I had an interesting conversation with a friend the other night about the all-or-nothing attitude that people have when it comes to health. I am as guilty of this as the next person. I can't count how many times Friday has rolled around and I decided that a trip to the gym was unnecessary because, after all, I hadn't gone all week, so why start now? Or, how many times have you waited to start a new routine-be it exercise, diet, meditation, whatever-because it wasn't the perfect situation to do so? You are fully aware that the hour of meditation will chill you out and put you in a better frame of mind, but right now you're just too stressed to get started. You'll wait until next week to start the meditation routine, because next week you have more free time and your in-laws are going back home and blah, blah, blah....it never ends. What people need to realize is that this attitude leads to nothing but self-sabotage. Is spending 5 days at the gym better than going for three days? Of course. But three days is better than one day, and one day is better than nothing. Small changes are better than no changes. And when people learn to accept this, it will be a whole lot easier for them to work on their personal journey to health.
People tend to group themselves into categories, and then make this self-judgement their reality. The problem is, this leads to a lot of giving up because it is human nature to judge yourself against others. You may visit the gym a few times a week, eat reasonably well, and live a life of relative moderation. But then you see your "health-conscious" friends at the gym every single day, those friends who refuse to go out for cocktails or eat any animal products because they don't want to taint their bodies with anything unhealthy. Suddenly, your diet and fitness routine seems sort of half-baked. You may feel and be healthy, but compared to these people you are a sloth who doesn't care about what you put into your body. So you start to see yourself this way, and decide that there is no way you can join that Pilates class, because your core just can't handle it. And you are definitely not fit enough to take that spinning class. You begin to view yourself as an "unfit" person in comparison to those around you, and this starts to become your reality.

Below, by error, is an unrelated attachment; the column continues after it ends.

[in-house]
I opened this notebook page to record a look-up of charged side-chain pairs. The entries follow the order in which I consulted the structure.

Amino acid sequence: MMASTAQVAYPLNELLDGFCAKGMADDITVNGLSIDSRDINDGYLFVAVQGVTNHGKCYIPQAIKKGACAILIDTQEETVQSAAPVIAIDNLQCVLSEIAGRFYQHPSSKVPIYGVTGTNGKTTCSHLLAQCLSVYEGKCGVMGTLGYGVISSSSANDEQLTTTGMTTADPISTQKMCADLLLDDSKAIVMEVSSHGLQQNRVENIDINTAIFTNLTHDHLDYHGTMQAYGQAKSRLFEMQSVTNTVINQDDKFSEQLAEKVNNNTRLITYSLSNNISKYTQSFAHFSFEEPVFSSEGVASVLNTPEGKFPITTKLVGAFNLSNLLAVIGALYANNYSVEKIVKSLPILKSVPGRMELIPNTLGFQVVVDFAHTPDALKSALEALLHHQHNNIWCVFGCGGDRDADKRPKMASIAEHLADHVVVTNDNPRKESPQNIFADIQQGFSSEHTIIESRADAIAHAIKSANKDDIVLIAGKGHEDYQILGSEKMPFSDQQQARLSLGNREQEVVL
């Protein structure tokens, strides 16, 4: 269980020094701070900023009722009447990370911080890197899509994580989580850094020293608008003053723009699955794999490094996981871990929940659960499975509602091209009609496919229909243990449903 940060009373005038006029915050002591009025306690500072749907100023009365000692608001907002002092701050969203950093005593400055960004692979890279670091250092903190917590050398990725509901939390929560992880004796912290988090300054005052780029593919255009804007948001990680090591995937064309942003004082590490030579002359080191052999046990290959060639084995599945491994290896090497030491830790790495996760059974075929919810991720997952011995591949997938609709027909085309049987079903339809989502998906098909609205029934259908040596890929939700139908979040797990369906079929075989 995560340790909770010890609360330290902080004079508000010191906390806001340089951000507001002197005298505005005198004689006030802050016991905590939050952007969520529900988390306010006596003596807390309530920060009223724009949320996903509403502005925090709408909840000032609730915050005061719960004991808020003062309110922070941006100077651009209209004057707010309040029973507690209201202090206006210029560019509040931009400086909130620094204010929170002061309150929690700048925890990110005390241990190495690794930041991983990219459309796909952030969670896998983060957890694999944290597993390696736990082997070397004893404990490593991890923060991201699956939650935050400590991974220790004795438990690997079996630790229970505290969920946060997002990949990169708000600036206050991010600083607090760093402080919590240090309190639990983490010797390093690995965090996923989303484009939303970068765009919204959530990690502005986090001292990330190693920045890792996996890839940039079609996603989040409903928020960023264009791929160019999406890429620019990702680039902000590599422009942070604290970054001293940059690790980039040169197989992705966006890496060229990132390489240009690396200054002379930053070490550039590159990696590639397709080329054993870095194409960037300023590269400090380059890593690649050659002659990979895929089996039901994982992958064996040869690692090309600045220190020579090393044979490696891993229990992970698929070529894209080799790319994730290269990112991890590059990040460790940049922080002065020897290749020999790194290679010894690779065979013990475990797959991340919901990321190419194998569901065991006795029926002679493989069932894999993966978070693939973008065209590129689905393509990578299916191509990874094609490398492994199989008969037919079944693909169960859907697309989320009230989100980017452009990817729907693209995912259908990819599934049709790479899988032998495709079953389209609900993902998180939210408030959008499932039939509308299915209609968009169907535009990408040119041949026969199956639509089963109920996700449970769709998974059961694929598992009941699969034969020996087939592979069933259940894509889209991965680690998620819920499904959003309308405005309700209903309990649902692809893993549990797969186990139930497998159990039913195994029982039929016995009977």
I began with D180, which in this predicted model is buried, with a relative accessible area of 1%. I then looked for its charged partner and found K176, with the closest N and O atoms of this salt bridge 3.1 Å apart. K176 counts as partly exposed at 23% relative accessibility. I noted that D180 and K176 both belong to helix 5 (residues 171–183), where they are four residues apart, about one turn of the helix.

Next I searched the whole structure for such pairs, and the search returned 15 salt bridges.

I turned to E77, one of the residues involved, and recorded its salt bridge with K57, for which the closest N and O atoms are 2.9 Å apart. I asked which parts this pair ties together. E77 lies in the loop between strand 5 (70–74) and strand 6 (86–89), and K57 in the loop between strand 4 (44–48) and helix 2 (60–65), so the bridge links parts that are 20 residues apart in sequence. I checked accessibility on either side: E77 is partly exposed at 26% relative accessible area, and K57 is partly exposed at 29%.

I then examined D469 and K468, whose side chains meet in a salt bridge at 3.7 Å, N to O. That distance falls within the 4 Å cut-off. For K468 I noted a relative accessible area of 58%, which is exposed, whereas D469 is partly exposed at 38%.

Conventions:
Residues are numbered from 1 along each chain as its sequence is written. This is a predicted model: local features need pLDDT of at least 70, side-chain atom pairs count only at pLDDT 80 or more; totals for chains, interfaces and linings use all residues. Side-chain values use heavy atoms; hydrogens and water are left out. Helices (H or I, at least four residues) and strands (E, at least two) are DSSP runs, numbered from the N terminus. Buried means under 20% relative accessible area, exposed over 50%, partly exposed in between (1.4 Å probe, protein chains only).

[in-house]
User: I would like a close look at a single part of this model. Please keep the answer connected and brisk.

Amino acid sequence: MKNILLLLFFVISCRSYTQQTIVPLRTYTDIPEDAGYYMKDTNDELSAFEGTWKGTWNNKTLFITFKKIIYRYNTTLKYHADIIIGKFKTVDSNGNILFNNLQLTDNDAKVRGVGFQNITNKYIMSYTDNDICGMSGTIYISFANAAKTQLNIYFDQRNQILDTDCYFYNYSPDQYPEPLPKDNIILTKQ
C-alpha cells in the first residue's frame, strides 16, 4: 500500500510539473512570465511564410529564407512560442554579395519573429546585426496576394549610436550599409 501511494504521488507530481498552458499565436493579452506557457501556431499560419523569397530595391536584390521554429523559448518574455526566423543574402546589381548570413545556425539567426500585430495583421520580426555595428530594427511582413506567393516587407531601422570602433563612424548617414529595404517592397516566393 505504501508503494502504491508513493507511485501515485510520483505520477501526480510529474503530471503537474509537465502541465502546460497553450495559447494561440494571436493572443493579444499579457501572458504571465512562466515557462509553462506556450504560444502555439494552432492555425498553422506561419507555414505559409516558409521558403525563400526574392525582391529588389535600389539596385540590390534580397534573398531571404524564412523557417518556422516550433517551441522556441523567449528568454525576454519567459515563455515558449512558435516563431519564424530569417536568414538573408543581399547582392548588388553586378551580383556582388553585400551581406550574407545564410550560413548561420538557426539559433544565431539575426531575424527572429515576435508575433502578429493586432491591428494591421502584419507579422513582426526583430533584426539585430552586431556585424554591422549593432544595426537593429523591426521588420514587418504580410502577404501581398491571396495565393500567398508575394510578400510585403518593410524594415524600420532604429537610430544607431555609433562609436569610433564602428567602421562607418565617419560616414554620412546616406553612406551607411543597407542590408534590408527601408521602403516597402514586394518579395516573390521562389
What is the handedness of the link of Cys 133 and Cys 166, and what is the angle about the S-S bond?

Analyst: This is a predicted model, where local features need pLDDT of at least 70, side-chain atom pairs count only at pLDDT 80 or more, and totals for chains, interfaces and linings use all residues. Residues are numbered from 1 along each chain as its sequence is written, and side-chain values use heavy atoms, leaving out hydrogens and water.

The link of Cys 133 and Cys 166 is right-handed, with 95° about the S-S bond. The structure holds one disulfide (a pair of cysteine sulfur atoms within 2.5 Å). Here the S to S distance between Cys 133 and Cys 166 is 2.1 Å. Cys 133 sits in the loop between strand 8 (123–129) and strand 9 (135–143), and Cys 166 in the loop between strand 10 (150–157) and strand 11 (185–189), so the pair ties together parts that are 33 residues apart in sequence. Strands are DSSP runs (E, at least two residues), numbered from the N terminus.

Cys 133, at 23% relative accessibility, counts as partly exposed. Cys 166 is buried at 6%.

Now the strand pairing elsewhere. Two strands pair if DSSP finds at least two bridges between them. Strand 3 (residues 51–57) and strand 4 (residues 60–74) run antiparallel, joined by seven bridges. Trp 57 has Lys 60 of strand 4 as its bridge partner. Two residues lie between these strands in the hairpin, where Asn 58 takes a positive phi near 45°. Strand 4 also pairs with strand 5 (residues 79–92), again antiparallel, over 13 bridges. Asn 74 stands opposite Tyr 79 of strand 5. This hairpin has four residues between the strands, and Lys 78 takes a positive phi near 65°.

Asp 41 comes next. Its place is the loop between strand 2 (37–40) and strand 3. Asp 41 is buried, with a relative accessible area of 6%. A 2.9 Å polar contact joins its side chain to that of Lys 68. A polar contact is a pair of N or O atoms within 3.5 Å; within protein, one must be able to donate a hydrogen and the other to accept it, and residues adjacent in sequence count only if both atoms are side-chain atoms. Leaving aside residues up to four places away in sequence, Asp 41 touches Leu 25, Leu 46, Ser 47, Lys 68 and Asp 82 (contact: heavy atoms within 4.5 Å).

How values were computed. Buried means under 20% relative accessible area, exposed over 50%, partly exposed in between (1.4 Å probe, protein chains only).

So what does this have to do with acupuncture? As my regular readers know, I promote acupuncture as preventative medicine, and I am starting to see more and more patients who come in to use it this way. I also see a lot of patients waiting to begin, because they feel that regular treatments as preventative medicine are only for those who are "healthy." I have friends who want to start coming one they "start getting themselves together." What does this even mean? Once you take the first steps to making changes in your health, you have already started to "get yourself together." Don't waste years waiting for the perfect time to begin taking that journey to balance, because their is never a "perfect" time to begin anything-there is only now.